Nearly a quarter (23 percent) of Americans surveyed now think the name should be changed, up from 8 percent in 1992 and up 9 percentage points in the past year alone.
The poll of 1,019 Americans, conducted on landlines and cellphones between Aug. 20 and Aug. 24, found that 71 percent favor keeping the nickname -- but that's down from 89 percent when the question was first asked 22 years ago. It also found that 68 percent of people responding think the nickname is not disrespectful of Native Americans, compared to just 9 percent who say it is "a lot" disrespectful. (Nineteen percent say it shows "some" disrespect.)
A total of 54 percent of respondents think the name is unlikely to be changed, compared to 42 percent who think it will. (The rest had no opinion.)
Calls to change the team's nickname have increased recently.
In June, the United States Patent and Trademark Office canceled the team's trademarks in a 2-1 ruling on the basis that they are "disparaging to Native Americans." The team has appealed the ruling and has said it is confident it will be overturned.
Several politicians have urged NFL commissioner Roger Goodell to force team owner Dan Snyder to change the name, including Attorney General Eric Holder, Sen. Harry Reid and former secretary of State Hillary Rodham Clinton. President Barack Obama said last year that if he owned the Redskins, "I'd think about changing [the name]."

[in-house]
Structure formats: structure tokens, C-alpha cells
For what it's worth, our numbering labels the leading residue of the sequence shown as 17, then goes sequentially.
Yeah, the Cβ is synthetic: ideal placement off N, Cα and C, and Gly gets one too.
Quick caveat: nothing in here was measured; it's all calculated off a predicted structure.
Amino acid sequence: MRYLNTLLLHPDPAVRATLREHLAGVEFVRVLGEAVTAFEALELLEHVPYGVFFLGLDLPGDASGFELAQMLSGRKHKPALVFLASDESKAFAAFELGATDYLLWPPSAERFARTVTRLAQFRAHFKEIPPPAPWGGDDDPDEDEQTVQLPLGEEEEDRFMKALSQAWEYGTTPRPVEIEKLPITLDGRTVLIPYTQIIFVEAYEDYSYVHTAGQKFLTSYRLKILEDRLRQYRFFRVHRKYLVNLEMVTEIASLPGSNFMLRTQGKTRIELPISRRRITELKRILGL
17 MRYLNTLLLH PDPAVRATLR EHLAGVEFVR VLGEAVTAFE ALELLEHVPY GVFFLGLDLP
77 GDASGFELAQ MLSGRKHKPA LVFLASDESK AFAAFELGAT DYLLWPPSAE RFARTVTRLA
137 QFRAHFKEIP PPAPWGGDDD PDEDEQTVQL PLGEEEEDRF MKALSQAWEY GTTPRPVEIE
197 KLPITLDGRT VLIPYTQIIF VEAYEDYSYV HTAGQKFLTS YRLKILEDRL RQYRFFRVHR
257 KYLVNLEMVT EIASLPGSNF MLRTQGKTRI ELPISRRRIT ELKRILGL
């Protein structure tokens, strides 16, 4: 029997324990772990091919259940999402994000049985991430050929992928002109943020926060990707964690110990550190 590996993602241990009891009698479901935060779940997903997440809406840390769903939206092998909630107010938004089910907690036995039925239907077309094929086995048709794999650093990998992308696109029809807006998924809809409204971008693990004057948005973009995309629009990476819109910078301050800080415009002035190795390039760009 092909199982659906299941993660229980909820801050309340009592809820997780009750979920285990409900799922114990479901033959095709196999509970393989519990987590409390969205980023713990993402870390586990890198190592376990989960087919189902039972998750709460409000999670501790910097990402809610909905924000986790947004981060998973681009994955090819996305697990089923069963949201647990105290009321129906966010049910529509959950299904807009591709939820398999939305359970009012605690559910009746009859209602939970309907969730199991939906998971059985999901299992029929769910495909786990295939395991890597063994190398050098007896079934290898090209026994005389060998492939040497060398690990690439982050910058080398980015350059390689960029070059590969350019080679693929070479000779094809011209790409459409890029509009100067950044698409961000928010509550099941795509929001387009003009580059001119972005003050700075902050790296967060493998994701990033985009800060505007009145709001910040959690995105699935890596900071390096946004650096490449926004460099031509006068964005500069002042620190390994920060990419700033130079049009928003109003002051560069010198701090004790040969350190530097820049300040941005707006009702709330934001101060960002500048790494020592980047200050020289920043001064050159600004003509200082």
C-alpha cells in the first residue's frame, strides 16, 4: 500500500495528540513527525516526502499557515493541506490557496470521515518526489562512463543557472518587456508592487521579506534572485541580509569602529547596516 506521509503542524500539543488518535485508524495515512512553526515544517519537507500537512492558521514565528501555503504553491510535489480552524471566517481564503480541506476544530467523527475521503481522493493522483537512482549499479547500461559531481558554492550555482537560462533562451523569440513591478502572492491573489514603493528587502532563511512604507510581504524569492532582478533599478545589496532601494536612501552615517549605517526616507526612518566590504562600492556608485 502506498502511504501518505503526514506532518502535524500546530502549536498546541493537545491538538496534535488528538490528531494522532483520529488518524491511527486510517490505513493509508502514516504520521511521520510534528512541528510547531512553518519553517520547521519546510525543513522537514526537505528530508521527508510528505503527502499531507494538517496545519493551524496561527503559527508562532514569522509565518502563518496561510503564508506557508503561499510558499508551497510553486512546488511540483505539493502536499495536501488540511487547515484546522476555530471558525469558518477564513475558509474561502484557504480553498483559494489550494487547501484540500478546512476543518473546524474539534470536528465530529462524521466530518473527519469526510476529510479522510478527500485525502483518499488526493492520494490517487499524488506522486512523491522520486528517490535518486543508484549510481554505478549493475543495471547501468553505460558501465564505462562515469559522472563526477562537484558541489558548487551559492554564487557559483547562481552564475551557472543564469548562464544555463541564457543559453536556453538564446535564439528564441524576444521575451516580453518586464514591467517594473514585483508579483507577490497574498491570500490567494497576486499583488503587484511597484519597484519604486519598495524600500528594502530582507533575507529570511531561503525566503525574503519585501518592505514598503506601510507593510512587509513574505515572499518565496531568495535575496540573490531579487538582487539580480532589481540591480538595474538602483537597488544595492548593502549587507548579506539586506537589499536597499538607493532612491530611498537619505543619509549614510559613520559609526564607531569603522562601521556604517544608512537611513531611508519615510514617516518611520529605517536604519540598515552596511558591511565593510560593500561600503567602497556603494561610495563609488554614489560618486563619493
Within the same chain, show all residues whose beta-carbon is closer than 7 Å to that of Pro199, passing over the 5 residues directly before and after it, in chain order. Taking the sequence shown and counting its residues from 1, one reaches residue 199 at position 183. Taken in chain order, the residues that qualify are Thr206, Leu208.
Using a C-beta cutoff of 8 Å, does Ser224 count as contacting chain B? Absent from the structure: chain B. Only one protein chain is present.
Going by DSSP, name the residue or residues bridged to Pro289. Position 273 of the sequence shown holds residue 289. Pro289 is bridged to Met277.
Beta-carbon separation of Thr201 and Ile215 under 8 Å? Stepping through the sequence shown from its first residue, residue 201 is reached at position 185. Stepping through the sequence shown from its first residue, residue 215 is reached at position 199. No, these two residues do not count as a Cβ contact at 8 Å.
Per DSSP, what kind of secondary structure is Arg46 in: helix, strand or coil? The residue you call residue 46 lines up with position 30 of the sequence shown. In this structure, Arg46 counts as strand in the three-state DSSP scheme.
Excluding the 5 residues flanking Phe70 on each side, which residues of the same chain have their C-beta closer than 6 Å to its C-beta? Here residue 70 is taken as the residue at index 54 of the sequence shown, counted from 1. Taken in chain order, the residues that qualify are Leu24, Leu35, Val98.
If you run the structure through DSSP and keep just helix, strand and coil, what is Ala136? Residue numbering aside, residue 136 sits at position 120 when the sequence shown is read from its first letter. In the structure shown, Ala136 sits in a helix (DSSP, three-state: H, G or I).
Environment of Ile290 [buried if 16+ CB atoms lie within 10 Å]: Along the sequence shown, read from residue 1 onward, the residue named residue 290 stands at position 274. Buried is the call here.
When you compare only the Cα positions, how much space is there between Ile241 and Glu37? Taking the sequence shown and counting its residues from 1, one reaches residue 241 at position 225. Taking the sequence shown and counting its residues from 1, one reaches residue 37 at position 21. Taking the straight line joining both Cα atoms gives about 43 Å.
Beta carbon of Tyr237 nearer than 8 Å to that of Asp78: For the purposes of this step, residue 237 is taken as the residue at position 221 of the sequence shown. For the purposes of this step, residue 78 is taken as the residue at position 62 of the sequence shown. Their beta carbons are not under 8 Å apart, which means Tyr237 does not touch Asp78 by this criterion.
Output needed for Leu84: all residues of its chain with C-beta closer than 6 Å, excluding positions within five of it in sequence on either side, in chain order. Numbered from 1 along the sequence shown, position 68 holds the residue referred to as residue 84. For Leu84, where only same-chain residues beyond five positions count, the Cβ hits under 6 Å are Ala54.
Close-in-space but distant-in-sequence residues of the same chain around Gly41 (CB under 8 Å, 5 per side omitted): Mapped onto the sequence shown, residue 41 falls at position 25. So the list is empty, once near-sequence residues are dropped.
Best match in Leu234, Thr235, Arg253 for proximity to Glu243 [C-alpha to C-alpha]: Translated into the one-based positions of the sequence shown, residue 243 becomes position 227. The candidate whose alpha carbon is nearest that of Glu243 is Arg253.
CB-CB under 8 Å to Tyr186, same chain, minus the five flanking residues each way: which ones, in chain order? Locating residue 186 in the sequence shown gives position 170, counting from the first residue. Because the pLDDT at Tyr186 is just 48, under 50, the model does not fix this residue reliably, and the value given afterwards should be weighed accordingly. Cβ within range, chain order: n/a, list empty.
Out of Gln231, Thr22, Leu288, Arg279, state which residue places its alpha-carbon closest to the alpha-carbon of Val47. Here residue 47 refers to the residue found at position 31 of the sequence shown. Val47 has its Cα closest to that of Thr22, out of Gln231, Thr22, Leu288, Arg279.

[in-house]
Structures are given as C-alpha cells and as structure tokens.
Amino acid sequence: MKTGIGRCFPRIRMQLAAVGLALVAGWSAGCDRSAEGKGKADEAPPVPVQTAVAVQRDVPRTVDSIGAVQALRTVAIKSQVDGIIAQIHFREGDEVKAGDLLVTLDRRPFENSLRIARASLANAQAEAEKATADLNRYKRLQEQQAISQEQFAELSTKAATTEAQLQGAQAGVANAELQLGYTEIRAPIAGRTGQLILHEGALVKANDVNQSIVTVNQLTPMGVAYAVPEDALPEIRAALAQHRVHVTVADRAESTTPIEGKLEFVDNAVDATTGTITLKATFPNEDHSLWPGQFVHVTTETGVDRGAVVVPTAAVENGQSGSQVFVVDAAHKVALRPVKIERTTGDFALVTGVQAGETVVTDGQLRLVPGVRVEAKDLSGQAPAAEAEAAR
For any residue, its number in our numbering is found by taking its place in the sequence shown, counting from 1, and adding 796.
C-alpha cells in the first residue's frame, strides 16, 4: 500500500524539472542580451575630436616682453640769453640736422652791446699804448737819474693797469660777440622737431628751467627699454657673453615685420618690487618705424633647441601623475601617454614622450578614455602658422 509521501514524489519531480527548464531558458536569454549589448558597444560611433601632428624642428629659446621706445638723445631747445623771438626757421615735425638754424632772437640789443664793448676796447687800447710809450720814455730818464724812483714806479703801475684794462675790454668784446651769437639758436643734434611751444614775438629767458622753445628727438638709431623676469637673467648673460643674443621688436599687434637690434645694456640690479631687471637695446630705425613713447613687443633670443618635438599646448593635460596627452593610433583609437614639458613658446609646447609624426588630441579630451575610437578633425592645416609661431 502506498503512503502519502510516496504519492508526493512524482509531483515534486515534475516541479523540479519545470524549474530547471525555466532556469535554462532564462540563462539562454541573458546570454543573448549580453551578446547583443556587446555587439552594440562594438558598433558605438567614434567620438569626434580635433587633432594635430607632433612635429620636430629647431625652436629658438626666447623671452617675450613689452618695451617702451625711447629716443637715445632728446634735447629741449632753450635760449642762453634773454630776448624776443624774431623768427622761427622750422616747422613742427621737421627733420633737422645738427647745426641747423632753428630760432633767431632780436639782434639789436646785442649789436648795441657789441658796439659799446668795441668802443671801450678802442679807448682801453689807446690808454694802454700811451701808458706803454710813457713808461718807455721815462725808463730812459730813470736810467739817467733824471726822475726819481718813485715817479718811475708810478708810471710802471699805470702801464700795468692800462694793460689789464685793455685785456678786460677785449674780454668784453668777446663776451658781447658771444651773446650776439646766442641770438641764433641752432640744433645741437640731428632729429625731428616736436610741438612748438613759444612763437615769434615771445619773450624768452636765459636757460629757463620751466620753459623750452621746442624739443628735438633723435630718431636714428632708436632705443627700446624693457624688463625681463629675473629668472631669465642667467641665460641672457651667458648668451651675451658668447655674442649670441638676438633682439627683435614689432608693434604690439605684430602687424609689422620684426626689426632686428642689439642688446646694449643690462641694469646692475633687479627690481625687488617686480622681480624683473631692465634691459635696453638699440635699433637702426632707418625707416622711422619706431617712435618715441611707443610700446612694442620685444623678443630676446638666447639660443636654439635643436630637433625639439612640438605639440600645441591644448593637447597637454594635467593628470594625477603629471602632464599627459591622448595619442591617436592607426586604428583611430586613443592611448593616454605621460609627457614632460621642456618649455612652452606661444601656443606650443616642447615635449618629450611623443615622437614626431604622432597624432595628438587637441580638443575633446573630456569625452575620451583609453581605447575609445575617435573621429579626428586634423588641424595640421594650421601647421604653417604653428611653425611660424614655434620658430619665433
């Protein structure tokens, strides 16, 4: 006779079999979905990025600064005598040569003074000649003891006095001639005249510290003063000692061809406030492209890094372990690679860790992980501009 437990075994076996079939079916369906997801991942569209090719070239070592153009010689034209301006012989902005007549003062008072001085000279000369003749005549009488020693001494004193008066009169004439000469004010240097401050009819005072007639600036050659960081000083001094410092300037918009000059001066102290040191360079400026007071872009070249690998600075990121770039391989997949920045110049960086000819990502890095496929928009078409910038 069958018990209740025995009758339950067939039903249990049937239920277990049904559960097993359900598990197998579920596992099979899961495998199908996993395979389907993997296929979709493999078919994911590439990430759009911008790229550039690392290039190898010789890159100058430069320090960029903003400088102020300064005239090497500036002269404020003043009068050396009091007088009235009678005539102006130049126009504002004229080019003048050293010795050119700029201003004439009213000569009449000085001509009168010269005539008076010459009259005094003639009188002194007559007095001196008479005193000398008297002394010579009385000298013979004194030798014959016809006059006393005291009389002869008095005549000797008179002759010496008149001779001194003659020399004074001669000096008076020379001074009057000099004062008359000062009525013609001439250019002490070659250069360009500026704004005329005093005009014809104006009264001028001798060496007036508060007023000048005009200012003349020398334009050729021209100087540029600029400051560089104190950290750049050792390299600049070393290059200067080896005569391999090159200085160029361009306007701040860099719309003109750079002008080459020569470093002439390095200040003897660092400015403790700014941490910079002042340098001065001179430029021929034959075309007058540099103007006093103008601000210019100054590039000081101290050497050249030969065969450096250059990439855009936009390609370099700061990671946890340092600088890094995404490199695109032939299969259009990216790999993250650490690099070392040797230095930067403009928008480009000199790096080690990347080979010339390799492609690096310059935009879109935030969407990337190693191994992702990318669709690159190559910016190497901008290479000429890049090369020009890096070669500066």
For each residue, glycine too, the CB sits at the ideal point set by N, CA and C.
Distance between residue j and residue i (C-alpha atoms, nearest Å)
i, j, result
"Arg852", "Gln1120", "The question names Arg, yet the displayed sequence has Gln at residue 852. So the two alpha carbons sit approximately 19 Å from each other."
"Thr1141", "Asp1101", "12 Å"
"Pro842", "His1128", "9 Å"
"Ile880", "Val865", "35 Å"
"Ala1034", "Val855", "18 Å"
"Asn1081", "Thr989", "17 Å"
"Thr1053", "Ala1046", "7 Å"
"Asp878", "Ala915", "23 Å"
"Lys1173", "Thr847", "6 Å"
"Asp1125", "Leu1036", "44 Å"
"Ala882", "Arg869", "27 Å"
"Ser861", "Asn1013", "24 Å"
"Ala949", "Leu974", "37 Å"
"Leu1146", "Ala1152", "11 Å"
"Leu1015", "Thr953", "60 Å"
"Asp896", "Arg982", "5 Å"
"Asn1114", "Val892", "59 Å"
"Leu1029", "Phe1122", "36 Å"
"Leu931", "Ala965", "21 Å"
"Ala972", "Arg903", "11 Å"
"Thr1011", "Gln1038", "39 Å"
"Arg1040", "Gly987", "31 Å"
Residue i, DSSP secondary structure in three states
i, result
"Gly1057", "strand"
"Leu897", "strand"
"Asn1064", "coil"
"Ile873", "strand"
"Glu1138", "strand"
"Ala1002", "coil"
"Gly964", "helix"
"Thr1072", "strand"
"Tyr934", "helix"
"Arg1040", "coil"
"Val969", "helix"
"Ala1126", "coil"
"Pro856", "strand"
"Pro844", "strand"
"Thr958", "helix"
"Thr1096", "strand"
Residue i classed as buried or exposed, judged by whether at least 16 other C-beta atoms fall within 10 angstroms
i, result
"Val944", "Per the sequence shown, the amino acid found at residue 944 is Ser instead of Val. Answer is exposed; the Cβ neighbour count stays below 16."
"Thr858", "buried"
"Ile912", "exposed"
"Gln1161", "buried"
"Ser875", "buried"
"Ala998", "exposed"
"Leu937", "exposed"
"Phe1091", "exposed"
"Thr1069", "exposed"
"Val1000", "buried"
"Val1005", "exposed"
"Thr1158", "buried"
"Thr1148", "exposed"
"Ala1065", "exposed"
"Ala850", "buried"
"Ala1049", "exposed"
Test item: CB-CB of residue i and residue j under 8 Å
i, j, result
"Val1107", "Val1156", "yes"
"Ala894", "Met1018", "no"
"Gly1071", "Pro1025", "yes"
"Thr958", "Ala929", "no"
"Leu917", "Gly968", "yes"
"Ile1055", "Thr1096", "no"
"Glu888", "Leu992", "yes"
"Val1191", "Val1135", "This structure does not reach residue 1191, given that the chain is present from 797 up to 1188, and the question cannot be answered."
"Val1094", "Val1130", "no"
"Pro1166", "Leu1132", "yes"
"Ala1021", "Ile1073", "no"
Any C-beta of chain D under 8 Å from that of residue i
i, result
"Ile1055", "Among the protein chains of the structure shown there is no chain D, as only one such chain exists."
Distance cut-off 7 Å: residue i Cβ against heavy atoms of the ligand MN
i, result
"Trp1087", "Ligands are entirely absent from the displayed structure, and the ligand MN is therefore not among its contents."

Last month, Maryland Gov. Martin O'Malley said on his Facebook page that it is "probably time" for the Redskins to change the nickname. The team plays at FedEx Field in Landover, Maryland.
A nonscientific survey by ESPN's NFL Nation revealed that 58 percent (167) of 286 players questioned say the Redskins should not change their name, but 42 percent (119) said they should. Of 51 Redskins players polled in a separate survey, 26 said the team should keep the name, one said it should be changed, and 24 didn't want to answer.
The polling conducted for "Outside the Lines" showed no difference in attitude between men and women, or whites and non-whites.
Politically, however, 89 percent of Republicans and 88 percent of people who consider themselves conservative say the team should keep its name, compared to just 58 percent for Democrats and 53 percent for liberals, according to the poll. In terms of political leanings, 83 percent of Republicans see no disrespect in the Redskins name. That drops to 68 percent of independents and 57 percent of Democrats.
"Back in 1992, when about nine in 10 Americans opposed changing the team's name, opinion was basically uniform across groups," according to Langer Research. "The increase since then in support for a change has occurred chiefly among Democrats, younger adults, those living in the Northeast and West, and people with higher incomes and more education."